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Foot ran over by car 2 years ago

2 years ago my right foot was run over by an suv. I went to the ER, had xrays and was told there was no visible injury and it would get better. It seemed to be mending rather slowly. A year after the accident I was still having pain when walking or touching the top of the foot. I went to a sports med podiatrist and after examination and more Xrays was told that "it was a crush injury and would heal in time." It has now been two years since the accident and the pain has been getting worse. There is a constant pain on the under side of the little toes, tenderness on top of the foot and pain when sitting cross legged and the pressure is on the side. When standing after not having pressure on my foot for an extended period of time, I have a slight limp as my foot does not feel normal when pressure is on it.


RESPONSE

Hi,

I think a little commonsense on the part of the Emergency Room and the subsequent podiatrist (btw, what does sports medicine have to do with a SUV running over your foot?) would be in order.

If the average SUV weighs approximately 3500 pounds and the weight is distributed fairly evenly then approximately 875 pounds ran over your foot. I understand the notion of taking x-rays as certainly there was a chance of fracture or damage to one of the joints in your foot. Did it not dawn on either of these two doctors to suspect that there could have been damage to the soft tissues of the foot; soft tissue being everything but bone?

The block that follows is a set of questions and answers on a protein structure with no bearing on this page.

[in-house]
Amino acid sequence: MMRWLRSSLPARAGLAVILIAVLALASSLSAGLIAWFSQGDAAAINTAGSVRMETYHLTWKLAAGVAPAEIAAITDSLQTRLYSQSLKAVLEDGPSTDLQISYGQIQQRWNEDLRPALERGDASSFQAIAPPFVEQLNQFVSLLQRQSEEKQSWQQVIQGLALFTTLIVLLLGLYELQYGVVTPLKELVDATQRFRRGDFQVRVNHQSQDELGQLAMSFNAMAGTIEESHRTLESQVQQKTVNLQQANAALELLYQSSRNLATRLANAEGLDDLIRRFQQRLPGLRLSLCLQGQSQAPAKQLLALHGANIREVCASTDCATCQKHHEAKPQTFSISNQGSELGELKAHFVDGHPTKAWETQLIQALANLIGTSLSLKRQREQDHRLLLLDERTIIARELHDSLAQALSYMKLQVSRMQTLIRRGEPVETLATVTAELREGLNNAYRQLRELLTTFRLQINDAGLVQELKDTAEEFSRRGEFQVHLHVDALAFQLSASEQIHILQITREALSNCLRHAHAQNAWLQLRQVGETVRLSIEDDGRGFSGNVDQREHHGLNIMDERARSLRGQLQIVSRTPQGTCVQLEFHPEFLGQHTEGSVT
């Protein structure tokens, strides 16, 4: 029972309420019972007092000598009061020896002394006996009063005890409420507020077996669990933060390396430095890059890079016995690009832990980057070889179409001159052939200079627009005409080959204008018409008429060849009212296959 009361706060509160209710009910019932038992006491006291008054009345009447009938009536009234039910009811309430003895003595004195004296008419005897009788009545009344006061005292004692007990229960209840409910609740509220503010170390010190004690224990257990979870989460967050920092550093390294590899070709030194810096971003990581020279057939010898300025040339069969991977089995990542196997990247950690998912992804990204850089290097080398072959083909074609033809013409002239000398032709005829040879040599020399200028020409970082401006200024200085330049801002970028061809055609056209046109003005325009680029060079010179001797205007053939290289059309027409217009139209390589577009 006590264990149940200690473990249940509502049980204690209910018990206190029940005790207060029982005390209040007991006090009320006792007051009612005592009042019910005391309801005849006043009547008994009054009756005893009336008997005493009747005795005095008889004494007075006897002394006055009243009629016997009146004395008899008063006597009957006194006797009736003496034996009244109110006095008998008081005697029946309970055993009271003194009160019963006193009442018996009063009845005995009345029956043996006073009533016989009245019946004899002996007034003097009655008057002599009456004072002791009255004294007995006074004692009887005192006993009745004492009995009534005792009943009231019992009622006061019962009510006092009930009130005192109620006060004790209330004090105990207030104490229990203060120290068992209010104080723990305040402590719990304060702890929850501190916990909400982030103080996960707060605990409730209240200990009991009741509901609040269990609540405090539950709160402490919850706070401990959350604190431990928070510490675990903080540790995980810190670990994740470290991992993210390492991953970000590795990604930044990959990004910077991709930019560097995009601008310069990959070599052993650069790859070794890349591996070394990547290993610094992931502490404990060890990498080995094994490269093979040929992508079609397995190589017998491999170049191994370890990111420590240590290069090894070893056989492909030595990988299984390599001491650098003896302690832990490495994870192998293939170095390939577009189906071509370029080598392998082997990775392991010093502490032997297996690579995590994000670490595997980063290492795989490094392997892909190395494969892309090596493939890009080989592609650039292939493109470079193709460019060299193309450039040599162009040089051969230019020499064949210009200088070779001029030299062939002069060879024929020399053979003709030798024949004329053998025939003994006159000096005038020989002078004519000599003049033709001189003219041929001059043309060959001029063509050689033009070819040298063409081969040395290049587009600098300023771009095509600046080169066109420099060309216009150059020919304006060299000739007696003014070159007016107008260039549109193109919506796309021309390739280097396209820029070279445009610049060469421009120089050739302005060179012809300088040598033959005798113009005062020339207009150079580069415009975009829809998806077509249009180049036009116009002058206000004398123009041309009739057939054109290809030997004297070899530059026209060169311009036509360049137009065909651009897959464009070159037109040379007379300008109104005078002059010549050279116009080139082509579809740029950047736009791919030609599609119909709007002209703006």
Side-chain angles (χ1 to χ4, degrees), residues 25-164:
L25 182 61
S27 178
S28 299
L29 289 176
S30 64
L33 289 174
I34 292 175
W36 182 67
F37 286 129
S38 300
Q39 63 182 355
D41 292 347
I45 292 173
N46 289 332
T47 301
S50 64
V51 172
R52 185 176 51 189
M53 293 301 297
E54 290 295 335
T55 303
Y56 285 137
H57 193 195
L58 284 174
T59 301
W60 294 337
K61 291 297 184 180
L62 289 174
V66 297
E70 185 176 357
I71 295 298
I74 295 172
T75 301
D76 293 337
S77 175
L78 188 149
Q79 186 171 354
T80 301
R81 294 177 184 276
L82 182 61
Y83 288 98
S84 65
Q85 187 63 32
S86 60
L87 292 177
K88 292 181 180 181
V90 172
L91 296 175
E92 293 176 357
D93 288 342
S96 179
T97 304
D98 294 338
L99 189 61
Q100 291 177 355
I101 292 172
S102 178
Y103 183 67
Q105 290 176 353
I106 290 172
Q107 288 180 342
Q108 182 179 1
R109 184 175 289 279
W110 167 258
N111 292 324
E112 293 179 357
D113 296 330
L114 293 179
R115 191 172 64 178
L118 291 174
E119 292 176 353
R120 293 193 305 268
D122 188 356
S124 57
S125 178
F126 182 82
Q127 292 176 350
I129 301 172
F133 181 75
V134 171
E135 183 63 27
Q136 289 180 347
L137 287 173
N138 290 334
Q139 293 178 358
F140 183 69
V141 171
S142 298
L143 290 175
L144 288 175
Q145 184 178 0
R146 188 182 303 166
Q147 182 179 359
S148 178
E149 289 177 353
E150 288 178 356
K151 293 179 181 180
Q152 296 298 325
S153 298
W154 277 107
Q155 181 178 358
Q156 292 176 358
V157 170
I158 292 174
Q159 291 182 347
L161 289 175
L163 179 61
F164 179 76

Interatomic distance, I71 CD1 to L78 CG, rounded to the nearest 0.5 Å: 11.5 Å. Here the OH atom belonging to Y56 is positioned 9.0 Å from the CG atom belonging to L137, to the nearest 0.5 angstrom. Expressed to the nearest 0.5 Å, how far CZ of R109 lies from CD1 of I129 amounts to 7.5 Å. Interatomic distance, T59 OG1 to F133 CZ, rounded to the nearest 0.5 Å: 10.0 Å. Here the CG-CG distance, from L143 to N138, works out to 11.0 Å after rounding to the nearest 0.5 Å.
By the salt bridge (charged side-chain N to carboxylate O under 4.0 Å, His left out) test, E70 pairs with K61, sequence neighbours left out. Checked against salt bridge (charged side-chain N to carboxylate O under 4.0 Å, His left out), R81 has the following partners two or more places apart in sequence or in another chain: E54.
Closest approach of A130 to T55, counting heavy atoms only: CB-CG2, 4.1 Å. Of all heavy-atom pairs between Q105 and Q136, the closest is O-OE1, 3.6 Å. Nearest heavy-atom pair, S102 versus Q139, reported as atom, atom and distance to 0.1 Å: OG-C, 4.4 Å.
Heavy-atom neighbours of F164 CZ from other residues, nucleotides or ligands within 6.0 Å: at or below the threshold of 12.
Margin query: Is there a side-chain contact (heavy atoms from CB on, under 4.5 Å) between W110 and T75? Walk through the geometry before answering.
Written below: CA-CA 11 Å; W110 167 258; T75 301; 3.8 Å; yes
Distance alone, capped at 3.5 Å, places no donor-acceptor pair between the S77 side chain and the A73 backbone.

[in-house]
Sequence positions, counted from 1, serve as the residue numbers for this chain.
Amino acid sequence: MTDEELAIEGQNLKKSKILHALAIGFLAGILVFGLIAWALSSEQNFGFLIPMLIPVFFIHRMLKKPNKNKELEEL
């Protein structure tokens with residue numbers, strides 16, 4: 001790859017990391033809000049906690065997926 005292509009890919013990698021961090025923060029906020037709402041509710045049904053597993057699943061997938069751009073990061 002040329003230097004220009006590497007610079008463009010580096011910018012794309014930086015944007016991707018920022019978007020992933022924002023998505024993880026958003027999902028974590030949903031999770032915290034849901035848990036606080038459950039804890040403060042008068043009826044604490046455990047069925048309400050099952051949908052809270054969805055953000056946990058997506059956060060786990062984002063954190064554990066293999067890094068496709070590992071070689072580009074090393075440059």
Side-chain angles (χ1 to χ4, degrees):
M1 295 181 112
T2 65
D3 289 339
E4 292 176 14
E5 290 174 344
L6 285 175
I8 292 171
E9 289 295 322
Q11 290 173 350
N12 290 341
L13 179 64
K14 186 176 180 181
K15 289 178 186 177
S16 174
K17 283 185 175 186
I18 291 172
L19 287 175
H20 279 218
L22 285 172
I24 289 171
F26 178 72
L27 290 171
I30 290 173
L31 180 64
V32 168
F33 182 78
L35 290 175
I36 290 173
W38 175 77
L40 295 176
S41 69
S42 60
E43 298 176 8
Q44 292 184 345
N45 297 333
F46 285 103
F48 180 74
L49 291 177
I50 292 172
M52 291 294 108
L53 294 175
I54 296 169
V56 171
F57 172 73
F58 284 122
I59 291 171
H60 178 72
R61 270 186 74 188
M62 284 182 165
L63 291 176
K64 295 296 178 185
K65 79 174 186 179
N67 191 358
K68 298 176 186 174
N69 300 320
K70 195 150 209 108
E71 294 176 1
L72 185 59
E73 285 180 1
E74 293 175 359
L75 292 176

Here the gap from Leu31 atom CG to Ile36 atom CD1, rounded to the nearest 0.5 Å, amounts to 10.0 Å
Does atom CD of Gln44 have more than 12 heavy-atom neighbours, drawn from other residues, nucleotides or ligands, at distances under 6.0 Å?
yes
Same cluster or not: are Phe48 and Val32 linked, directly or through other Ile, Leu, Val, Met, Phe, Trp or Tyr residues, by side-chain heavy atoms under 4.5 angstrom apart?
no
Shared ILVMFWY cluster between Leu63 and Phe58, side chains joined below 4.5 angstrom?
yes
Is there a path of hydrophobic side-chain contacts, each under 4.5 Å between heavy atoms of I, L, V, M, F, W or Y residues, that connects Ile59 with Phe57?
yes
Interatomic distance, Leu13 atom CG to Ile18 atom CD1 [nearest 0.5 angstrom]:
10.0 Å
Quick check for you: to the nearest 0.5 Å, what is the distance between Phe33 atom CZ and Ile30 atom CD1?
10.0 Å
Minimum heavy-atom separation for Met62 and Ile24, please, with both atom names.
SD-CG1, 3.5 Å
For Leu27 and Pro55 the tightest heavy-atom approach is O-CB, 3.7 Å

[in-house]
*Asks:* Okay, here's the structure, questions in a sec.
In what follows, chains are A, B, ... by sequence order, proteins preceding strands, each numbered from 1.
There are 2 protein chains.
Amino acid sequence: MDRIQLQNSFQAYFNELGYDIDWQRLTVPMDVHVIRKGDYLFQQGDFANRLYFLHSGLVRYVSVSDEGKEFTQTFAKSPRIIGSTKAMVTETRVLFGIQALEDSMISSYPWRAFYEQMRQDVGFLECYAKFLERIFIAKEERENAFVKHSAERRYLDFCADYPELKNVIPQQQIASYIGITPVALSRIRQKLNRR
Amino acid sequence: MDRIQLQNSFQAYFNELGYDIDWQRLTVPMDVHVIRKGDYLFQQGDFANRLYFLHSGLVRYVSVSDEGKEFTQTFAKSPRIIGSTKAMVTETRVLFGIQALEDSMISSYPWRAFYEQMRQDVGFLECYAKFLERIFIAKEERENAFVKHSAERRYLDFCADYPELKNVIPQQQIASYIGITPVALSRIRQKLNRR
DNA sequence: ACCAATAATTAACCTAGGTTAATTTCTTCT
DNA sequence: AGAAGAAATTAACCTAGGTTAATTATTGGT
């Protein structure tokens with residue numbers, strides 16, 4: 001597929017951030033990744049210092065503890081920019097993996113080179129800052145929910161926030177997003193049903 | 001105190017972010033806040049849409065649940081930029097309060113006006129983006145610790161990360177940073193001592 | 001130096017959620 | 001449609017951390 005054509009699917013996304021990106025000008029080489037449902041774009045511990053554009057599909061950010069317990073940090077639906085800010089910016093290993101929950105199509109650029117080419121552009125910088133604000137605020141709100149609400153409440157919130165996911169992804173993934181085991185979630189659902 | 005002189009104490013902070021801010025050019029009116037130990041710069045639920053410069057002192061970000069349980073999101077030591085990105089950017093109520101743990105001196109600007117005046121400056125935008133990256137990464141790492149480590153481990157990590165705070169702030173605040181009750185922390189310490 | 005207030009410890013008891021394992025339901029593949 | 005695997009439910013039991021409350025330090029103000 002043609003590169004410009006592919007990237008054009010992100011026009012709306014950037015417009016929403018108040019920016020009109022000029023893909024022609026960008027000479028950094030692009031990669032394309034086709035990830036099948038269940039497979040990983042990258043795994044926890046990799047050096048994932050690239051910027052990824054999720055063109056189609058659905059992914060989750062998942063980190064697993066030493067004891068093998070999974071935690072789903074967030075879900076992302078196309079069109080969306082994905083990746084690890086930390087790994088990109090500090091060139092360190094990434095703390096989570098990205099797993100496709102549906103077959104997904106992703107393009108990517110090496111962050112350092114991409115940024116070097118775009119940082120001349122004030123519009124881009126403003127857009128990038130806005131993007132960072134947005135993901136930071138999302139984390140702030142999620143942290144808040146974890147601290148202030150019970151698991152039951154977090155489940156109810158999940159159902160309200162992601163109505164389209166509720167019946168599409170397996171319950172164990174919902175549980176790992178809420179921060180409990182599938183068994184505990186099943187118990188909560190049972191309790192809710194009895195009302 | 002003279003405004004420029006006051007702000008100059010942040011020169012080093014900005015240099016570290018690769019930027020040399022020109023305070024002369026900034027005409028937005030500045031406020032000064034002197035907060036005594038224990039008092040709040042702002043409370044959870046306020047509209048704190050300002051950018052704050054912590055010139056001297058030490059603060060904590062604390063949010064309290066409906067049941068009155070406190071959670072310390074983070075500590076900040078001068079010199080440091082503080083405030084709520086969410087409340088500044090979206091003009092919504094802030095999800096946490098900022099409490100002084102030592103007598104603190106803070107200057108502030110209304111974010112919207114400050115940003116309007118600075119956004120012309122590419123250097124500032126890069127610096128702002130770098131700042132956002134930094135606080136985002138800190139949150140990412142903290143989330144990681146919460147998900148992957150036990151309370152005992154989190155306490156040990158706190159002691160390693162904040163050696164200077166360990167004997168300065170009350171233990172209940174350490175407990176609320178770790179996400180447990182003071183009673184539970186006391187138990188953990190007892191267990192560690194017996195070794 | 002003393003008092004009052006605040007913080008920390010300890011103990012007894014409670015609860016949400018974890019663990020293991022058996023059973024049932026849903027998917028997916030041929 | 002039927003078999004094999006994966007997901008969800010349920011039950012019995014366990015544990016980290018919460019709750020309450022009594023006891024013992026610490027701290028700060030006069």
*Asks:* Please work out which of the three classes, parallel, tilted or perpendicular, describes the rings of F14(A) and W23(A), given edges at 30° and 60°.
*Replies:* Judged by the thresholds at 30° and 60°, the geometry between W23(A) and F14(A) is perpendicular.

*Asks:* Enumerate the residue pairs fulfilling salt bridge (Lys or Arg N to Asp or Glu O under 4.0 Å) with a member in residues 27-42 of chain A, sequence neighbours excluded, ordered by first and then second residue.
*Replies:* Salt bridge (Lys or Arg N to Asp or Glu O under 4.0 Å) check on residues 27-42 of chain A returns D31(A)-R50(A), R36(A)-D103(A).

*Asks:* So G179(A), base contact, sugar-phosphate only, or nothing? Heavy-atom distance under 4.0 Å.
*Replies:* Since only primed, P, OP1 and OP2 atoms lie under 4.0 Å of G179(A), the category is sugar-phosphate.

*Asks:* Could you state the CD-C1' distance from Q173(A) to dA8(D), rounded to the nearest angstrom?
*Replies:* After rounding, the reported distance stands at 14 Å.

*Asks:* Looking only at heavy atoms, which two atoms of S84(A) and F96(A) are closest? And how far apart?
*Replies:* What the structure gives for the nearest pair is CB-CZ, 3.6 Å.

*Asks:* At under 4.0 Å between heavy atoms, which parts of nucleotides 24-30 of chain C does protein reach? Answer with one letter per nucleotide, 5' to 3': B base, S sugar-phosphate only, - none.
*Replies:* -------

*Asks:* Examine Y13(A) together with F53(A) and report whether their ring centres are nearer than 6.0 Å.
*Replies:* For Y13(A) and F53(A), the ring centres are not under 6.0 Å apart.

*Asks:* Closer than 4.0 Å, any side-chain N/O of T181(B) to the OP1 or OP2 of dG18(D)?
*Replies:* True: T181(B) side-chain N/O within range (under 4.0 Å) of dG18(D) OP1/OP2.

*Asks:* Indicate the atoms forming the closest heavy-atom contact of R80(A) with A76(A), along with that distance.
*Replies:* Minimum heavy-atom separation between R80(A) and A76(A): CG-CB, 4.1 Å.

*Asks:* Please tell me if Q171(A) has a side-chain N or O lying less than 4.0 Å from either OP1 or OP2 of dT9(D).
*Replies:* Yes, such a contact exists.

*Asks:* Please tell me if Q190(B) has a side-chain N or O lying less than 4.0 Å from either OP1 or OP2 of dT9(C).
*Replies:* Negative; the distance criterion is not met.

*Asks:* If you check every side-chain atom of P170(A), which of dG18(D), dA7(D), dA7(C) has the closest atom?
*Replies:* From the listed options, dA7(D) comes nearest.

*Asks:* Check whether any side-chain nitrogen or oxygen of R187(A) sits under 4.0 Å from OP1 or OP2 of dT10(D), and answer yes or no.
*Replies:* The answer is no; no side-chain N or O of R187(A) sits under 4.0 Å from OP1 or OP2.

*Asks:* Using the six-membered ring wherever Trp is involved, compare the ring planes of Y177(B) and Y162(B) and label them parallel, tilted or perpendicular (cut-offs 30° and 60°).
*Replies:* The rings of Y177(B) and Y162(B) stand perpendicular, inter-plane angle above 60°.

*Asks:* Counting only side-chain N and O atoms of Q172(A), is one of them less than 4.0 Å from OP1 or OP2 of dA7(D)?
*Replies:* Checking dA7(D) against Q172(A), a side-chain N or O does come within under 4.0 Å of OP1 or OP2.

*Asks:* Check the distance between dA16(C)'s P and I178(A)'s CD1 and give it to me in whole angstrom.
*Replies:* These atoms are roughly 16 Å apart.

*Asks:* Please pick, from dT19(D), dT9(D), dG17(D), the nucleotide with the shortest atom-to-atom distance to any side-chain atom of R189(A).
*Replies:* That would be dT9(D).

The Emergency Room should have put you non-weightbearing on crutches, possibly a cast for no other reason to not allow any further damage to your foot. Along those lines, I would have told you after two weeks or so if there was no improvement then further medical attention would be required.

I think the advice from the podiatrist was even more ridiculous. Here you are one year post trauma and I am going to assume you still have significant pain, otherwise you would not have sought additional medical attention. He tells you it is a crush injury (gee, how observant!) and then tells you it will get better in time. What is his time frame? 30 years?

Most significant injuries if not treated in a timely manner reach a point of diminishing returns, meaning after a period of time, they become less resistant to treatment. In the foot this is particularly more distressing because as you keep walking, just every day walking on the injured foot, you are constantly doing more damage.

I will not pretend to know what is actually wrong with your foot but you need to see some doctor who will not only check the tendons and ligaments that control your foot, but you also have to have the blood vessels and nerves that run into the foot examined as well.

An MRI would be a good place to start. It will show soft tissue damage and may also show some bone damage that may have not been visible on x-ray. If there is nerve damage or possibly damage to some of your blood vessels further examination will be required.

The question then becomes what can be done two years after the trauma? As I said earlier, physical therapy would have been more effective than at this point in time, but it still may be beneficial. If there is nerve damage, nerve therapy or medication may be necessary.

You do not mention any swelling or discoloration in the foot,so there may not be a vascular component to your pain, but again, I am just guessing.

I would think a physiatrist might be the type of medical specialist to start with. Visits to a neurologist, orthopedist and podiatrist may also be necessary.

Marc Mitnick DPM
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